Liverpool Against Racism shines a spotlight on the subject of prejudice in society

“You’ve got to want to have to have these conversations.”

A new festival sees musicians, athletes, historians, media personalities, activists, and more unite in Liverpool for a week-long series of events in the city.

Liverpool Against Racism shines a spotlight on the subject of prejudice in today's society.

It kicked-off on Saturday with Music Day and continues with live talks and debates as well as cultural events.

The festival is championed by the Mayor of Liverpool Joanne Anderson, who says it is ‘heartwarming’ to see people coming together in the city.

Mayor of Liverpool Joanne Anderson at Liverpool Against Racism. Image: LTV

Mayor Anderson told LiverpoolWorld: "We are extremely good at festivals in Liverpool. I never would've come up with the idea of putting it together.

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“We've also, at times, got some great points in history where we really stood out against racism, so the culture team and Yaw Owusu, who curated this project, have come up with this fantastic programme of music day and conference day.

“What I think is pretty genius about it is the callout to organisations; they've all stood up to participate and put on their own programme - it's got a life of its own; it's gone beyond us. It's absolutely wonderful and heartwarming."

Worrying rise in reports of hate crimes in Liverpool

The ambition for Liverpool Against Racism is to set Liverpool apart as a city that doesn’t shy away from addressing the issue of racism and to celebrate diversity in all of its forms.

The festival comes as the latest figures show a concerning increase in the number of recorded hate crimes In Liverpool.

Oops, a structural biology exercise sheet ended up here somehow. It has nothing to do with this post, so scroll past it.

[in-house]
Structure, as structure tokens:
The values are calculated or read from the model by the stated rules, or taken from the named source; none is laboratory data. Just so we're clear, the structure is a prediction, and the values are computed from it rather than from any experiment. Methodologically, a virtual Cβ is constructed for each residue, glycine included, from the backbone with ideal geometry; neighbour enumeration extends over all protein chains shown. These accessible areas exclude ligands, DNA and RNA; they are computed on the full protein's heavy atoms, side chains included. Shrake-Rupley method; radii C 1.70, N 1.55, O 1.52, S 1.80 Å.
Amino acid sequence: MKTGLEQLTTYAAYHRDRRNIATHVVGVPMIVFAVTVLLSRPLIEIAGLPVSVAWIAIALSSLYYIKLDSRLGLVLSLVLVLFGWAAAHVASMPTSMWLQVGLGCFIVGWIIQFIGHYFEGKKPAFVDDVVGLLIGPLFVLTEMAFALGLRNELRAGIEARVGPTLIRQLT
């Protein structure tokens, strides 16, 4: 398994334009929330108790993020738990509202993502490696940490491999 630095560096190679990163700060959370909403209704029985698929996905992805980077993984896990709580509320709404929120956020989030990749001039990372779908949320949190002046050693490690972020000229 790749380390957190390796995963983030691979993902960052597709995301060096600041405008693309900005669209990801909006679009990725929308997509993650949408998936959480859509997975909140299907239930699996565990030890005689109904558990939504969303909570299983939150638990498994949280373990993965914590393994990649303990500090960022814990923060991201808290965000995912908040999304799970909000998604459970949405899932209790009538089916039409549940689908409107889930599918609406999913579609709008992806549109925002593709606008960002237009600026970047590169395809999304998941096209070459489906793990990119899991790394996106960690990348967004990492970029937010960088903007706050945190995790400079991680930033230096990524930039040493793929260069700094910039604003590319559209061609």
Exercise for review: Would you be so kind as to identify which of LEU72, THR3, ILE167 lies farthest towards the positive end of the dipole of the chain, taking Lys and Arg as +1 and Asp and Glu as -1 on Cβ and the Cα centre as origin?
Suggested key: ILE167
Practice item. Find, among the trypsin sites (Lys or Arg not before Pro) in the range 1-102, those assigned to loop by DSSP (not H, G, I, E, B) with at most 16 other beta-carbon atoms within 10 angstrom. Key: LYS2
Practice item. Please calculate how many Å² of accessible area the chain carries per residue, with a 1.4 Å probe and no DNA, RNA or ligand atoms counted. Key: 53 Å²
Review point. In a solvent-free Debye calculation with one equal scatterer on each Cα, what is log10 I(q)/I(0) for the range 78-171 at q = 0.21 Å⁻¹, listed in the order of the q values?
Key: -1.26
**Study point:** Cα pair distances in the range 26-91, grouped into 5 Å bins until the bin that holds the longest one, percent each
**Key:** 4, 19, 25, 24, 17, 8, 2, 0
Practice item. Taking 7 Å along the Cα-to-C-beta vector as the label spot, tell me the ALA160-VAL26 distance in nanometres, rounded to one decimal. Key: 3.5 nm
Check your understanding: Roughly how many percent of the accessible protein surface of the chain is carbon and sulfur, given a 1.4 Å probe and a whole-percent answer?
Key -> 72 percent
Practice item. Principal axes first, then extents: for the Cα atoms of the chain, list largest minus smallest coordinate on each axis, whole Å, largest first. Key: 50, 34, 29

Between October 2020 and September 2021, 2,333 were reported, compared to 1,898 in the same period the year before – a 23% increase.

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‘You’ve got to want to have to have these conversations’

Yaw Owusu, Liverpool Against Racism festival curator. Image: LTV

Yaw Owusu, festival curator, told LiverpoolWorld: "You've got to want to have to have these conversations. You've got to have these informal and formal education opportunities, and I think what we've tried to do with Liverpool Against Racism is give a lot of touchpoints where that could happen.

“A very big part of race conversation is a level of vulnerability. Whether it's vulnerability because you may not know as much as you think you should know or vulnerability because you have your own personal story that you want to share.

“You can only do that in a place where you have a sense of trust, and I think that's critical in the success of Liverpool Against Racism."

Liverpool Against Racism is the latest in a series of campaigns which have seen the city stand up to hate crimes.